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What exactly Is voltage drop and how Is It detected?

Discussion in 'General Electronics Discussion' started by Reprovo, Jan 5, 2014.

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  1. Reprovo

    Reprovo

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    Jan 5, 2014
    Hi.
    I have trouble understanding what voltage drop Is.Is It a change In energies? If It Is,how Is It detected by a voltmeter If a voltmeter Is based on a solenoid / permanent magnet.How can It detect a drop In energy?
    Excuse my poor syntax/simplistic Ideas/overuse of smilies :) :eek: :eek:
     
  2. Reprovo

    Reprovo

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    Jan 5, 2014
    I've been there.It was a dark place.
     
  3. duke37

    duke37

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    Jan 9, 2011
    Start with Ohms law.
    V = I * R
    where V = voltage across the resistor, the voltage drop.
    I = current
    R = resistance.
    The voltage can be measued with various instruments, modern meters will use very little power from the circuit and the affect on the circuit will be negligible.
     
  4. Arouse1973

    Arouse1973 Adam

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    Dec 18, 2013
    I tend to use the term potential difference and not voltage drop. For instance when a current passes through a resistor it will develop a potential difference across that resistor. This is what you call voltage drop. It is the difference in voltage between two points. Voltage is not energy, energy has the units of joules and electrical potential has the units volts or just V.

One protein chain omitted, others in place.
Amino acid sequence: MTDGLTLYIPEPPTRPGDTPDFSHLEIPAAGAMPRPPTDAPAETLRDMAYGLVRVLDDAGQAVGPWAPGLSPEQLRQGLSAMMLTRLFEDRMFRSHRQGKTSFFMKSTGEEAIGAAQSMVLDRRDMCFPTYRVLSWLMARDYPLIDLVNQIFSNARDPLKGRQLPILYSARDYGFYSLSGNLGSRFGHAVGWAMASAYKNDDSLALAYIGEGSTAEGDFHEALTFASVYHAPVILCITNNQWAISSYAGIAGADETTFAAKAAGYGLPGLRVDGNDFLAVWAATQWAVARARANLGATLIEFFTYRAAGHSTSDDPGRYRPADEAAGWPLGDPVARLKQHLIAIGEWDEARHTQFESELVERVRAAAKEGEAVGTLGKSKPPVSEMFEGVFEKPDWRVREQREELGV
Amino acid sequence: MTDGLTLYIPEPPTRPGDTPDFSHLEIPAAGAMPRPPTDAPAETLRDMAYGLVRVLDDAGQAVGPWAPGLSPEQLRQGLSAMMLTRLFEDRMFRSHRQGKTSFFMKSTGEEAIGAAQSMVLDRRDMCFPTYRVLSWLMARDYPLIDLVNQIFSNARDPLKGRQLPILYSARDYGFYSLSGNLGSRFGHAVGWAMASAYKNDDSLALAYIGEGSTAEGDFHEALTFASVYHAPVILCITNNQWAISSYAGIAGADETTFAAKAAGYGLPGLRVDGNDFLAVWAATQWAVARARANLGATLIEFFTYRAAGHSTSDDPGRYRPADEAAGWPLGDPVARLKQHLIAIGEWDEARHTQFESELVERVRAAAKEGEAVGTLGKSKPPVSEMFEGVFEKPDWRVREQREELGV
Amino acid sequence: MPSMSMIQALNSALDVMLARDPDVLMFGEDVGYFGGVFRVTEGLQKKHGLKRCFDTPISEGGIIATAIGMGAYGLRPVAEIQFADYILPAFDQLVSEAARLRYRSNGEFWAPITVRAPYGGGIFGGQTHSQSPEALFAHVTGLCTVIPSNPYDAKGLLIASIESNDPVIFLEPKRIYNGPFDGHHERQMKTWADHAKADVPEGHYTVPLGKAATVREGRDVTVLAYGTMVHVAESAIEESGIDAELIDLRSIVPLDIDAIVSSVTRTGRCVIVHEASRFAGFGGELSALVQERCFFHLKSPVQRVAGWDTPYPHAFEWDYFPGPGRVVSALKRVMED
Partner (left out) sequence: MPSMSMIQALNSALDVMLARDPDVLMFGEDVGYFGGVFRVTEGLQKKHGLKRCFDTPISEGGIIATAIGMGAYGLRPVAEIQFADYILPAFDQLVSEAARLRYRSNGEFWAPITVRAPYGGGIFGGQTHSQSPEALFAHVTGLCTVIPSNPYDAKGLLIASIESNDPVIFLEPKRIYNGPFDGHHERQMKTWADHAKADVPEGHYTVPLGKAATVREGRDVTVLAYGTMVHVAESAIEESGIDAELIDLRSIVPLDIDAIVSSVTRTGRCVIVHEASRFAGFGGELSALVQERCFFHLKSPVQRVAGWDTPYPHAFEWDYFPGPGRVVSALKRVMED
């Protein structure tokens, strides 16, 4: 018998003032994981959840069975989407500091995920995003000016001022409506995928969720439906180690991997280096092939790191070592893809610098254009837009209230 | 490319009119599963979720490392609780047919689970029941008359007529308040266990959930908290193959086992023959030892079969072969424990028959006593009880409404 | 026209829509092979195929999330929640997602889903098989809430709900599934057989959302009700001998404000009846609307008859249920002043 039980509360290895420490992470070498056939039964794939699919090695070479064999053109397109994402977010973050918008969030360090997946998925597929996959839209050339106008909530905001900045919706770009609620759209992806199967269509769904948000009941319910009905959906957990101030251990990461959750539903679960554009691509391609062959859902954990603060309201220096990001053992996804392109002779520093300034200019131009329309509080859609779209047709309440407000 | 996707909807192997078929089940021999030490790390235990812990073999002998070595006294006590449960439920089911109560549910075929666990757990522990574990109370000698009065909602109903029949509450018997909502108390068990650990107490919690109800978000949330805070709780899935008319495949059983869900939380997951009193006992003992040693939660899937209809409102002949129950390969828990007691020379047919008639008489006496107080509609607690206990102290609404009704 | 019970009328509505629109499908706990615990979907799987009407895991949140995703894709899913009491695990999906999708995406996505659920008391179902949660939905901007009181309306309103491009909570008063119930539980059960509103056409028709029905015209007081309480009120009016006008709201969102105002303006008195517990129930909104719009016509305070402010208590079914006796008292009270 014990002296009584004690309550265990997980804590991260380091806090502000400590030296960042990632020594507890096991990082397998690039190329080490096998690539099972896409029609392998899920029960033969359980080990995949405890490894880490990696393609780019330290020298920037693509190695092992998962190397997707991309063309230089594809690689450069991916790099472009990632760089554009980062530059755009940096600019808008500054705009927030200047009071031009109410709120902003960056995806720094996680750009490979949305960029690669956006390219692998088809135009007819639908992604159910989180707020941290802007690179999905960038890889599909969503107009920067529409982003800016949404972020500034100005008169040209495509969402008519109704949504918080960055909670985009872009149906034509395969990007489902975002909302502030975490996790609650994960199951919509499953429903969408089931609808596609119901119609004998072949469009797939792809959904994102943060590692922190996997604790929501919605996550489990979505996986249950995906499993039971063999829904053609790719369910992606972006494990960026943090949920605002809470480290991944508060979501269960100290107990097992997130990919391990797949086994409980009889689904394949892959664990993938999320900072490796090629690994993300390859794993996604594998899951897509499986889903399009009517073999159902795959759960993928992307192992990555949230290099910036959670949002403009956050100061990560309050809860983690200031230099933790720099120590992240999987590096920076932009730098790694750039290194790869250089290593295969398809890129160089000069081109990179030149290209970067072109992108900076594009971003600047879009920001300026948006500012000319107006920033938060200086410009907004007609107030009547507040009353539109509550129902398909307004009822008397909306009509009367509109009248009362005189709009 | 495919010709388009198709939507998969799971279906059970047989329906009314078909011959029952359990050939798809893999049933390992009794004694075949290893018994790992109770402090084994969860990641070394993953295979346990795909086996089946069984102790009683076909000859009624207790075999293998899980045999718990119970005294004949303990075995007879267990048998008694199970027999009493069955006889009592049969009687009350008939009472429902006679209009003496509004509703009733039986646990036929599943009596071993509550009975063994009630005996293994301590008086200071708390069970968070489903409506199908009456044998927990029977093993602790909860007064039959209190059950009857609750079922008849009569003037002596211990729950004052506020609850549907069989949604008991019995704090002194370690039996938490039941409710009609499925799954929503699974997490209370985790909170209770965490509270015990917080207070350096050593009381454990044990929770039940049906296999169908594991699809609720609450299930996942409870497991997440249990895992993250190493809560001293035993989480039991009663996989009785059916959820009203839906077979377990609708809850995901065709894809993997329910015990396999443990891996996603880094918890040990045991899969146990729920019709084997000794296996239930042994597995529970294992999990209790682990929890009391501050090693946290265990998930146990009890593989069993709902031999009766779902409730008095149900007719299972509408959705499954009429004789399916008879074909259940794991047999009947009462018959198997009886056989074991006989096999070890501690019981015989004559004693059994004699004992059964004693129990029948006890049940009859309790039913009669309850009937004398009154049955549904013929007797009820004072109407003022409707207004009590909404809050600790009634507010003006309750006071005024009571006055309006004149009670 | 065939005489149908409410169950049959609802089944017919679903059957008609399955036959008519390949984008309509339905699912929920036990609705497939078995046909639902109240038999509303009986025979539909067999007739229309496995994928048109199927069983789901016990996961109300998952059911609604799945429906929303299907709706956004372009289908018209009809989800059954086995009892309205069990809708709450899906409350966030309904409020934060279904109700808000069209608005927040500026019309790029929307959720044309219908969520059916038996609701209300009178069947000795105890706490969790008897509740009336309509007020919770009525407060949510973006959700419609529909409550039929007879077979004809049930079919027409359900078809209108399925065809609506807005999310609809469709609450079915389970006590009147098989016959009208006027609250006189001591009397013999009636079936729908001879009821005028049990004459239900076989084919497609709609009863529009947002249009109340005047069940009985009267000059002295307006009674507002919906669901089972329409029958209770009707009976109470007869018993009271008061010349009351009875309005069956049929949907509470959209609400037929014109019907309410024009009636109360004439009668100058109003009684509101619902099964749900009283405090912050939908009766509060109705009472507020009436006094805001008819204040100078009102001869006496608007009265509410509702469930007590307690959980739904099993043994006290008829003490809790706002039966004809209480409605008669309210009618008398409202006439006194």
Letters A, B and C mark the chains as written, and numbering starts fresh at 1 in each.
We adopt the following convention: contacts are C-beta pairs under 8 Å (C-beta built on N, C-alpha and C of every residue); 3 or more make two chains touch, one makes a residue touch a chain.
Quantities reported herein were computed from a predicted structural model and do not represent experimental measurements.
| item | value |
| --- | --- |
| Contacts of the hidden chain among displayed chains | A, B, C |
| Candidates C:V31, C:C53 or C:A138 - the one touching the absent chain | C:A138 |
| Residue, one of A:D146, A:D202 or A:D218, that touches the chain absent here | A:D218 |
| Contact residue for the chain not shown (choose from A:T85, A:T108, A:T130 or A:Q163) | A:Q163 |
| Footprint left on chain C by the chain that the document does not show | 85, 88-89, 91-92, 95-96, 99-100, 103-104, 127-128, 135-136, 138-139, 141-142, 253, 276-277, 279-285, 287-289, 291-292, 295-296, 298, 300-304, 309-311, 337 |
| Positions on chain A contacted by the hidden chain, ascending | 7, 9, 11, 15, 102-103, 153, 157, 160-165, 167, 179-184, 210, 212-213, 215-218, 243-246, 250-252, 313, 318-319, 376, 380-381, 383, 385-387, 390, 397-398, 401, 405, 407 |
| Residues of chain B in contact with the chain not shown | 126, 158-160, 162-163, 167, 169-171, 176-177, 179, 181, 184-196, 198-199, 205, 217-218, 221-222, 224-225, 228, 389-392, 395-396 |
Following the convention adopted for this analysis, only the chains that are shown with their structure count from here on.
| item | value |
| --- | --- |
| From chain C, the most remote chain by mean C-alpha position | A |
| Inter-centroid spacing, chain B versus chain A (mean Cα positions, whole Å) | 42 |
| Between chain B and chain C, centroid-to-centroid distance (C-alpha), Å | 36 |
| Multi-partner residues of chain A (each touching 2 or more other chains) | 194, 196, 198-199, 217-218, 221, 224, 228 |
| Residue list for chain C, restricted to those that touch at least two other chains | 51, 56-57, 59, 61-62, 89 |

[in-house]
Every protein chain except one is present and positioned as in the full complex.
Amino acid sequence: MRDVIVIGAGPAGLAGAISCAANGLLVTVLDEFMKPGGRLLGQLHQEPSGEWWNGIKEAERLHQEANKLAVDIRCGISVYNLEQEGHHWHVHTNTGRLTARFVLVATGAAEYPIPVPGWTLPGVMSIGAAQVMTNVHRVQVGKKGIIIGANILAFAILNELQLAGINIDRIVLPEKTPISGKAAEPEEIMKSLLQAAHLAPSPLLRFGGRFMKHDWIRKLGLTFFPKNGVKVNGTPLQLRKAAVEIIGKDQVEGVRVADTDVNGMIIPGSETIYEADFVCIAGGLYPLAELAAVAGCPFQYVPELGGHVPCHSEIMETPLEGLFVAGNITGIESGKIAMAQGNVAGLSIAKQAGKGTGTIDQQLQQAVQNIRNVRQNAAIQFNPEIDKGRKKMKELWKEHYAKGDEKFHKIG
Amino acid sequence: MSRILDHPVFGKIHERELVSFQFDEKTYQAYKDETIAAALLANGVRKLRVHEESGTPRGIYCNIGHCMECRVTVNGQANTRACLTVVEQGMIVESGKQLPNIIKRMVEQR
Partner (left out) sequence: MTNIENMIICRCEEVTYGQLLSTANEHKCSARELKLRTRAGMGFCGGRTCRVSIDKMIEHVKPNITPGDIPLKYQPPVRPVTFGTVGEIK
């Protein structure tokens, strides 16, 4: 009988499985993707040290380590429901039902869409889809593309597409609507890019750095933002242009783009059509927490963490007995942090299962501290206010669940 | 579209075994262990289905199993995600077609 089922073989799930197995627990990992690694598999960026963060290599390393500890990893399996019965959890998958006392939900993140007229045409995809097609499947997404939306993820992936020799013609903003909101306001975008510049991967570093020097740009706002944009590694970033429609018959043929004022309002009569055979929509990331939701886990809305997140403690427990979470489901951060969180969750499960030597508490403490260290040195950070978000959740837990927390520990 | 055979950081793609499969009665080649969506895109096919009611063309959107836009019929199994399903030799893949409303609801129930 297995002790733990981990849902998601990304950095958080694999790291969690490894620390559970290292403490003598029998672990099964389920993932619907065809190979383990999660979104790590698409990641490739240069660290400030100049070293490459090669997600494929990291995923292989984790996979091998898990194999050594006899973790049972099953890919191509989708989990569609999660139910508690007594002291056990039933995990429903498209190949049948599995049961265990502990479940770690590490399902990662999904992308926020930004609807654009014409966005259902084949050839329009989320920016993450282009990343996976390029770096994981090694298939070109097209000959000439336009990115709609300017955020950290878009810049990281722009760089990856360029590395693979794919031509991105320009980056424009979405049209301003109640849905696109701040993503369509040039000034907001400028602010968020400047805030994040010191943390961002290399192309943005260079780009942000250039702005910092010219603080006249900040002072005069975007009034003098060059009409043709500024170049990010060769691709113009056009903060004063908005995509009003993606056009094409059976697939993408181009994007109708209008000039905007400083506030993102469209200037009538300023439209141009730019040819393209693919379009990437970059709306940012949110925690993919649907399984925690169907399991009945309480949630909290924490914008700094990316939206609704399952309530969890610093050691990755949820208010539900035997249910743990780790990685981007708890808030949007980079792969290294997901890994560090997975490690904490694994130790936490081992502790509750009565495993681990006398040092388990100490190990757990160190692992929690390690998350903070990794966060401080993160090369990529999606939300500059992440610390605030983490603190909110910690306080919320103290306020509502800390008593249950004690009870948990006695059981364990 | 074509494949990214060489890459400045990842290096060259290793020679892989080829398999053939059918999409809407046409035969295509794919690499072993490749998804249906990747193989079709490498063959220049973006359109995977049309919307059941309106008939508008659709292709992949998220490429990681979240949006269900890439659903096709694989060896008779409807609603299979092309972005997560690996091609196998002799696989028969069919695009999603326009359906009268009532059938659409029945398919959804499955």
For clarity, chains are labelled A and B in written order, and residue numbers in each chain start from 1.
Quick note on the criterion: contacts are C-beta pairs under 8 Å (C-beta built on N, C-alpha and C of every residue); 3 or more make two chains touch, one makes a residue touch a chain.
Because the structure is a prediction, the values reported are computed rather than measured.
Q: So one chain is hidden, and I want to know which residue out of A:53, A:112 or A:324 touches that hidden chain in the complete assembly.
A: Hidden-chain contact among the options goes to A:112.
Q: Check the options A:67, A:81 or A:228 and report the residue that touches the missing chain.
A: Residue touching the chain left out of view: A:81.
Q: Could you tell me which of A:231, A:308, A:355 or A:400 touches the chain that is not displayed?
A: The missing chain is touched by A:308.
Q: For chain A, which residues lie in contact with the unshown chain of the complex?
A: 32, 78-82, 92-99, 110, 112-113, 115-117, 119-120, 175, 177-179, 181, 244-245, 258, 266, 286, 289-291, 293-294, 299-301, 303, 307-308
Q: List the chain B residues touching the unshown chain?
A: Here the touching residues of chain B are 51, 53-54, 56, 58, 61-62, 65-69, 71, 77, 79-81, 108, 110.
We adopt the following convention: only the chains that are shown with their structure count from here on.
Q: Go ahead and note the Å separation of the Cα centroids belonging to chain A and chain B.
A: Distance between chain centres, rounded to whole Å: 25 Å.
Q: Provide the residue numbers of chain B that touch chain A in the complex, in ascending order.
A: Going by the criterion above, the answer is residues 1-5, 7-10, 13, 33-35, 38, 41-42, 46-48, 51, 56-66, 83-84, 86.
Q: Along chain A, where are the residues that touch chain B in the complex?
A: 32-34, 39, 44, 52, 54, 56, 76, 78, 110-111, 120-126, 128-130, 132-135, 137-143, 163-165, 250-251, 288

If we take the input as A and the output of the resistor as B then A-B = Work/Charge. So 1 Volt is 1 Joule per Coulomb. So if we have a potential difference of 1 volt between two point then 1 coulomb of charge will gain 1 joule of energy between these two points
    Thanks
    Adam
     
  5. Reprovo

    Reprovo

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    Jan 5, 2014
    That was Informative but you've confused me a bit at the end! Why will energy be gained.I thought that energy was lost as heat etc.
     
  6. davenn

    davenn Moderator

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    Sep 5, 2009
    agreed

    Adam, care to explain that

    Dave
     
  7. Arouse1973

    Arouse1973 Adam

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    Dec 18, 2013
    For anything to move it has to gain energy even electrons, what happens to this energy is dependant on what it passes through. To move an amont of charge in a circuit it has to get energy from say a battery. So a battery of 1V producing a current of 1A will have to gain 1 joule of energy. If this happens over a second then this is 1J per second which is 1W.
    Adam
     
  8. Arouse1973

    Arouse1973 Adam

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    Dec 18, 2013
    Does it make it clearer if I said to move between point A and B 1C needs 1J of energy in an electric field of 1V. I assumed you would realise it was from start point flowing to end point.
    Adam
     
  9. Reprovo

    Reprovo

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    Jan 5, 2014
    I understand the math but I don't understand what occurs when you place a voltmeter In parallel to a resistor.How does the voltmeter detect a drop In voltage ?
     
  10. (*steve*)

    (*steve*) ¡sǝpodᴉʇuɐ ǝɥʇ ɹɐǝɥd Moderator

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    Jan 21, 2010
    The voltmeter doesn't detect a drop in voltage, it simply detects a difference in voltage.

    The thing you're measuring is either providing power to the circuit or it's dissipating power.